Israeli multi-hyphenate Dani Rosenberg marks his feature debut with “The Death of Cinema and my Father Too,” a self-reflexive hybrid film that mixes fact, fiction and autobiography as it grapples with the big questions.
Presented under the Cannes 2020 label and sold internationally by Films Boutique, the film follows a rising director as he tracks his father’s final days, camera in hand, telling a story culled from Rosenberg’s experience and interspersed with footage from his own life.
“I prefer to call it a fiction film that crashes into the walls of reality,” says Rosenberg. “The narrative itself is fictional, and I used documentary elements from my life to create parallels with this story.”
“I started to make a film with my father once he fell ill,” he explains. “We shot a couple days, and then he felt too weak, so we canceled the shoot. Later, when I wrote and shot this film, I felt something was missing. That something was life itself. So I used the material leftover from my father and in some mysterious way it just worked together, making this a kind of labyrinth.”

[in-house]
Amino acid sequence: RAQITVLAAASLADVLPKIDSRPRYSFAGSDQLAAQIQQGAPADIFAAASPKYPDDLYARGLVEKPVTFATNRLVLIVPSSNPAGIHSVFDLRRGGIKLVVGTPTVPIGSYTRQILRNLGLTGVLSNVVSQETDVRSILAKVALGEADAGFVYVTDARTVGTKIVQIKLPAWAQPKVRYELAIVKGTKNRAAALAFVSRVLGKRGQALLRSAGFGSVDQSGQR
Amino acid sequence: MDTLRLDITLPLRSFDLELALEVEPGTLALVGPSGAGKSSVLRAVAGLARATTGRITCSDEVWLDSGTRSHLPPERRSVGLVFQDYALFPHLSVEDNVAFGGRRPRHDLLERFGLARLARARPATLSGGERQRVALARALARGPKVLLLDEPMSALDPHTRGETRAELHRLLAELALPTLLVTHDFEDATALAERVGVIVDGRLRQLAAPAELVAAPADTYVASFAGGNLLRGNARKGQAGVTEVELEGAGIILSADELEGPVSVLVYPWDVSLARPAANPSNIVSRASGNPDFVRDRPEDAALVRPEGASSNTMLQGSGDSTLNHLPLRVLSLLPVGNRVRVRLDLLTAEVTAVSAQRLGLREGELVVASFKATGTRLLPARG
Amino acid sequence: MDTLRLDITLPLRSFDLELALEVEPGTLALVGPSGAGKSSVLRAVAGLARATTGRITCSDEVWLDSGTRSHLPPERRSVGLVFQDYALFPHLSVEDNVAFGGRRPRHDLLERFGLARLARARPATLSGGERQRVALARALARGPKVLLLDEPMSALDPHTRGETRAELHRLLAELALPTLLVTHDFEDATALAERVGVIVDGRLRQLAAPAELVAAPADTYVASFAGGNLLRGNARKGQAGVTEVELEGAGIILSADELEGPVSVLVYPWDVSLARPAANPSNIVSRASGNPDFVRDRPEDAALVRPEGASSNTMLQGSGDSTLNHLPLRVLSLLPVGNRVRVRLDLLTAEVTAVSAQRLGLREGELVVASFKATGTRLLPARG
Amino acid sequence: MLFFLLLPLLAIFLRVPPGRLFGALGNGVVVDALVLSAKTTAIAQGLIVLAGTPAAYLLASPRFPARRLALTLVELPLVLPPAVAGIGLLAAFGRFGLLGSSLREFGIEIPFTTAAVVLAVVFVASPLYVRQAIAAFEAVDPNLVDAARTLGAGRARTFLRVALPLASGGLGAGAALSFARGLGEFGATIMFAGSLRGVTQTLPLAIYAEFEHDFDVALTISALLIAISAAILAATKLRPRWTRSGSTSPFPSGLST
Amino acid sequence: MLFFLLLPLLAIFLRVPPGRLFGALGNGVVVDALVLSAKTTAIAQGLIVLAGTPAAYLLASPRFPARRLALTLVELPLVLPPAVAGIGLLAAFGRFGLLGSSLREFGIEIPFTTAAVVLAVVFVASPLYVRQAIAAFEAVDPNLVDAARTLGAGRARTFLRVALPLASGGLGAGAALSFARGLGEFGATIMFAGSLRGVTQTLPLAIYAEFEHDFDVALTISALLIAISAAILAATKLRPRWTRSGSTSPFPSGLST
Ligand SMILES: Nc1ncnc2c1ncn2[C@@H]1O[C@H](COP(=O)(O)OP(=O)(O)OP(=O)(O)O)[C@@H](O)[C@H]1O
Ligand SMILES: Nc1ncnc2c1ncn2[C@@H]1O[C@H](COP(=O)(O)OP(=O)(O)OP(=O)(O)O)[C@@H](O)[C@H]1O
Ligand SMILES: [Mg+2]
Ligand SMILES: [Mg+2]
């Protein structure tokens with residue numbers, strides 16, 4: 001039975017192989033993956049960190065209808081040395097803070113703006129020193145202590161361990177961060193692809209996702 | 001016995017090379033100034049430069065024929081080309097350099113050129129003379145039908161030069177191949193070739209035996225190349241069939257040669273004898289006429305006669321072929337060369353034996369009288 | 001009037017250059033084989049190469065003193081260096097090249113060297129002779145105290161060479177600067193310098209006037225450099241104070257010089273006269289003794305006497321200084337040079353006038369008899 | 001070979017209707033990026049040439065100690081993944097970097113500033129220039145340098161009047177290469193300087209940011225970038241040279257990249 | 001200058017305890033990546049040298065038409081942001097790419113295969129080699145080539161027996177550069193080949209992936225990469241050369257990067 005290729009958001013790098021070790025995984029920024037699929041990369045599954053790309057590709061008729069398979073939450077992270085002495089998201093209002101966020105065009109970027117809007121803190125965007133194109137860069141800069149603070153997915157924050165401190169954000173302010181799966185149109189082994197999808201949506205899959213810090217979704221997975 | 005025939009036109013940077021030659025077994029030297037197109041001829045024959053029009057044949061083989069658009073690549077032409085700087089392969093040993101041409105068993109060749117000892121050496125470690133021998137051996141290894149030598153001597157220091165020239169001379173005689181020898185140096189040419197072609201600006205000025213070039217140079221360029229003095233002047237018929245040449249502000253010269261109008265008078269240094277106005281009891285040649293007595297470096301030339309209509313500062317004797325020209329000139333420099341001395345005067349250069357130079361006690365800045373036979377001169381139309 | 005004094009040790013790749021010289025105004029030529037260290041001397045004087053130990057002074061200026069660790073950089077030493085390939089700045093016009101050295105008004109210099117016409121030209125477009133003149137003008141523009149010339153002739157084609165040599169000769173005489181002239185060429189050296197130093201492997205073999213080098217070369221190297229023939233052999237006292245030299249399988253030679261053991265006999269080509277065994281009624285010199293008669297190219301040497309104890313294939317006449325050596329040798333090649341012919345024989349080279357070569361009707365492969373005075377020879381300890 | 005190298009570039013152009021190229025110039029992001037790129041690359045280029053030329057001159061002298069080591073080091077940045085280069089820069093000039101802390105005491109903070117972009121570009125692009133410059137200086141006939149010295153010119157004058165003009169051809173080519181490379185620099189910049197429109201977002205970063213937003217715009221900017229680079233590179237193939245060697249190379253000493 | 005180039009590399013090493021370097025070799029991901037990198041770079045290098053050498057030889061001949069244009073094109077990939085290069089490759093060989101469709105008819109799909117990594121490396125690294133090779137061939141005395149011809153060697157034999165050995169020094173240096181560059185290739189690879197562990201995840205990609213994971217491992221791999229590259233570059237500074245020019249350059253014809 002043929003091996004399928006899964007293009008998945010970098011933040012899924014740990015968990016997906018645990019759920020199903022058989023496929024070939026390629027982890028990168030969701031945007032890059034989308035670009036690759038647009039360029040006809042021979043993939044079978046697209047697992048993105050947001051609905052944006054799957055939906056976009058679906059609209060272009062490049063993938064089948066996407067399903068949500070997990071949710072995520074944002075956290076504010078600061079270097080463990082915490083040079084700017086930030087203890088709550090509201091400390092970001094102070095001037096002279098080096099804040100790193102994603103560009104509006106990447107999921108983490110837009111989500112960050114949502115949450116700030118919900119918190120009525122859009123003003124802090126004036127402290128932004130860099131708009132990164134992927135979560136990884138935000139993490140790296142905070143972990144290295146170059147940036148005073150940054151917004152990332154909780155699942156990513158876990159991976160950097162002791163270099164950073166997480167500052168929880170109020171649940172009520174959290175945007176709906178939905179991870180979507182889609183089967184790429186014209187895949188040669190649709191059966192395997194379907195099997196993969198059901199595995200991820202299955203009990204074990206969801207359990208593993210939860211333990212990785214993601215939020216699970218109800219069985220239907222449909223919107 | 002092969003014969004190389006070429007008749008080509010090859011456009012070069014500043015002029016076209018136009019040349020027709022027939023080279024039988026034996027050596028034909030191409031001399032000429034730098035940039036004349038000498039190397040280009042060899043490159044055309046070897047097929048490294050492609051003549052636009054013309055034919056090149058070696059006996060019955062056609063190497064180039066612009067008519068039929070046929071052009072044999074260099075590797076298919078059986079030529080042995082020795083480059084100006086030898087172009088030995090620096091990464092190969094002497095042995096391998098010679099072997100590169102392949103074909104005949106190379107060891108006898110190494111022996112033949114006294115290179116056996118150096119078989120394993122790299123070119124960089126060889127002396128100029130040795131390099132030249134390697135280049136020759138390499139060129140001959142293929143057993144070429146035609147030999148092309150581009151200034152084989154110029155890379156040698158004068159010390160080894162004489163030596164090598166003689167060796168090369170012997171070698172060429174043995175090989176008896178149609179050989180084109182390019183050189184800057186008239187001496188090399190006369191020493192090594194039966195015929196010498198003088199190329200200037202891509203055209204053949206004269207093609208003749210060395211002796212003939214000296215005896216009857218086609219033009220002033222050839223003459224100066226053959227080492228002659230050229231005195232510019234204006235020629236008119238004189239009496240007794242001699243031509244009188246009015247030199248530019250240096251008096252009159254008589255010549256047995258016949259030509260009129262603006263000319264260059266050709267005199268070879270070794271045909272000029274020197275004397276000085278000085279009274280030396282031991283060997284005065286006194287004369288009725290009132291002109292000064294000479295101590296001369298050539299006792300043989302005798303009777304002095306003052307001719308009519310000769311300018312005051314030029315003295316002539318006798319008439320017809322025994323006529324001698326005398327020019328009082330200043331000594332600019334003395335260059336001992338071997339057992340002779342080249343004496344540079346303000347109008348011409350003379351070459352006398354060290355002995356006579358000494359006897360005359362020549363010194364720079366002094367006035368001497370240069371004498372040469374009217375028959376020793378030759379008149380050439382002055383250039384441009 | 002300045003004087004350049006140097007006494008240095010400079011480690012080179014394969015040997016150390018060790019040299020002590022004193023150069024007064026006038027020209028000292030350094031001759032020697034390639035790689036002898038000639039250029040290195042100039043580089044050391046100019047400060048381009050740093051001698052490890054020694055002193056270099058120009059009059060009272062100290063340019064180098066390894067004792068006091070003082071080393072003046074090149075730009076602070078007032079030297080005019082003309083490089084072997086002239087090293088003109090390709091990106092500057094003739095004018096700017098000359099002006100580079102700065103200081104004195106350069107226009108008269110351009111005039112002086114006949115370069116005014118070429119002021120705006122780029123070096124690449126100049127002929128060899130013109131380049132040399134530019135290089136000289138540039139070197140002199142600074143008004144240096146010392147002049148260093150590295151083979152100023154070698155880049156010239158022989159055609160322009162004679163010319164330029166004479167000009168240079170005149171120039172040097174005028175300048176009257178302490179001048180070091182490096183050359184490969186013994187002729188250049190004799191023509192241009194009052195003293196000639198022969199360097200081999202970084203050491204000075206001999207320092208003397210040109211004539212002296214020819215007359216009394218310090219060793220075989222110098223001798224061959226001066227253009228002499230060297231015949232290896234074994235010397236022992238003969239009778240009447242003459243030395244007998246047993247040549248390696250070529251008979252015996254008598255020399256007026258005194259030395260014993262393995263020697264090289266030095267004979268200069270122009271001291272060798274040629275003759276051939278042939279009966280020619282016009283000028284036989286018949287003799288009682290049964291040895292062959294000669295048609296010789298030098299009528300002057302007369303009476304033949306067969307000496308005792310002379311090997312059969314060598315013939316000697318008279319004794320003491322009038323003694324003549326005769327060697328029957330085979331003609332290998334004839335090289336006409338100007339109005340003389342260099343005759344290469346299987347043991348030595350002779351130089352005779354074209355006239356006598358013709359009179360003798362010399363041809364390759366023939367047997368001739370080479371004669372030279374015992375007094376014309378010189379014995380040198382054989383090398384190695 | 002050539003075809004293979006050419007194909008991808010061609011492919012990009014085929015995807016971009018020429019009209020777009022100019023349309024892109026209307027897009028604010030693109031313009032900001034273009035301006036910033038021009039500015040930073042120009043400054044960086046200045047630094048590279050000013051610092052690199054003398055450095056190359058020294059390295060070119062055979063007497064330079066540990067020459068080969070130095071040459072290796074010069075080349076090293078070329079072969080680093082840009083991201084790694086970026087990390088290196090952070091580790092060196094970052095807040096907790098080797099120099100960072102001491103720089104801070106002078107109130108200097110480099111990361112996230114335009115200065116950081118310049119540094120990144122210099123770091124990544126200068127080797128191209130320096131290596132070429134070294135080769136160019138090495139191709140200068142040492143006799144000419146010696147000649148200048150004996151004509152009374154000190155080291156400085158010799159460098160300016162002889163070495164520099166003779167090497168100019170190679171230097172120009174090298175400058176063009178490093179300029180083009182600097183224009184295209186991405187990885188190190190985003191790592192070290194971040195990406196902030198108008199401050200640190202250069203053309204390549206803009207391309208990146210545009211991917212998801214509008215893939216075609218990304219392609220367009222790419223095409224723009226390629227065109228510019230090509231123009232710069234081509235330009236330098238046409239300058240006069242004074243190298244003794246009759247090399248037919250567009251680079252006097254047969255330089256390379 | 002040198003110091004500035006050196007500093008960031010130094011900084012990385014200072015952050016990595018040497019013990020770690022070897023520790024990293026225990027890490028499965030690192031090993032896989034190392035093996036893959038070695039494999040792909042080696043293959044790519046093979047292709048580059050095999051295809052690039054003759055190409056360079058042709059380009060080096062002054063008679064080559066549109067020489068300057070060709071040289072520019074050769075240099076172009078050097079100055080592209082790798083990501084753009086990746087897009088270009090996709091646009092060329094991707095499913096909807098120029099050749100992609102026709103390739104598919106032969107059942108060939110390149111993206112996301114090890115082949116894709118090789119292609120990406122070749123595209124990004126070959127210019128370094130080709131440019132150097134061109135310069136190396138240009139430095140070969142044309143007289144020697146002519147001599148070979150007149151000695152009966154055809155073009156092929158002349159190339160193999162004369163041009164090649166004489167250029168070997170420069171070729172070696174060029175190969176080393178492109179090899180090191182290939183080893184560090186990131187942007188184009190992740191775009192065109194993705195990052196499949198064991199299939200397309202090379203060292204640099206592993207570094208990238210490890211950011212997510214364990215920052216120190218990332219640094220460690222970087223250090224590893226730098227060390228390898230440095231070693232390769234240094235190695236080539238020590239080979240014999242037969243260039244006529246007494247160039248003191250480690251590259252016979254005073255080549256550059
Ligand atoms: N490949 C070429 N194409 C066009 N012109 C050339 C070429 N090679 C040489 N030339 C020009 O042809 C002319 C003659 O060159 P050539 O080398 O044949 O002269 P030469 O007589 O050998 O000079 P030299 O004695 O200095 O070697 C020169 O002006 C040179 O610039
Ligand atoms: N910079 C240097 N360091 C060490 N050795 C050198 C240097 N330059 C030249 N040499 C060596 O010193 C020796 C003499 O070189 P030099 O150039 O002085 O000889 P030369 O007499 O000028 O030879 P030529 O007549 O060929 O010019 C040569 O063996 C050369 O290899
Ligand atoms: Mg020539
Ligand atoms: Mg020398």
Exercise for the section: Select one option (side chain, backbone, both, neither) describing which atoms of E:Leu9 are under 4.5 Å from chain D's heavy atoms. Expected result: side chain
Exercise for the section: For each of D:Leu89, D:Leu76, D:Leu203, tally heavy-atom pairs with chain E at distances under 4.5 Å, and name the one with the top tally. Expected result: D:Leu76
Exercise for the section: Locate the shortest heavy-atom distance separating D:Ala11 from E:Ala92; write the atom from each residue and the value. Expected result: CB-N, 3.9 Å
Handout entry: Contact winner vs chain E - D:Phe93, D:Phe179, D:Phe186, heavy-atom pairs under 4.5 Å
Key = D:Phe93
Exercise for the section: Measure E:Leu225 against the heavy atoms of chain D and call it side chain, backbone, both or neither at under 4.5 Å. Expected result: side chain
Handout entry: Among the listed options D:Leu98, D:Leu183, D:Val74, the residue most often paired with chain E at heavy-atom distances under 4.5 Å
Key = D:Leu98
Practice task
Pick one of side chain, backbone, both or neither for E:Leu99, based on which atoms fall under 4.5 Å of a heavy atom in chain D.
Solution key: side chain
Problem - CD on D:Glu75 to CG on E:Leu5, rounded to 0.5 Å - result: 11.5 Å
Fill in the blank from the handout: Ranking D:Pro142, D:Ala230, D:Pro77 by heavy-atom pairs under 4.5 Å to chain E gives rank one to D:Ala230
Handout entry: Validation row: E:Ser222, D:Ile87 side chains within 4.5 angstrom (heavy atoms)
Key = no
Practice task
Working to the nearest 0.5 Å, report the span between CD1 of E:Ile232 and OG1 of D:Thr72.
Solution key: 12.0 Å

That hodgepodge quality also extends to the cast, which mixes professional and non-professional performers, such as acclaimed actress Noa Koler (“Our Boys”), veteran producer Marek Rozenbaum (“Late Marriage”), popular interviewer Roni Kuban, and filmmaker’s own mother, Ina, who makes her acting debut.
“I want to explore the fine line between reality and fiction,” adds Rosenberg. “When I screened the film as a work-in-progress, a producer came up to me afterwards and asked if he could cast my mother in next film. He was sure she was a professional actor!”
The film was also born out of Rosenberg’s experience in television. After creating the popular dramedy “Milk and Honey,” which sold to the UK’s Channel 4 and was remade for German TV, the director wanted to shake up his style.
“There’s a difference between art and trade,” he says. “Over the past few years, I found that my craft and trade became making narrative stories, and I wanted to turn that on its head.”
He continues: “When I left film school, they said television was the future, and I wanted to part of that future. But after my experience with television, I just had this desire to go back to the place I loved, which is cinema. If cinema is the past, I want to live in the past!”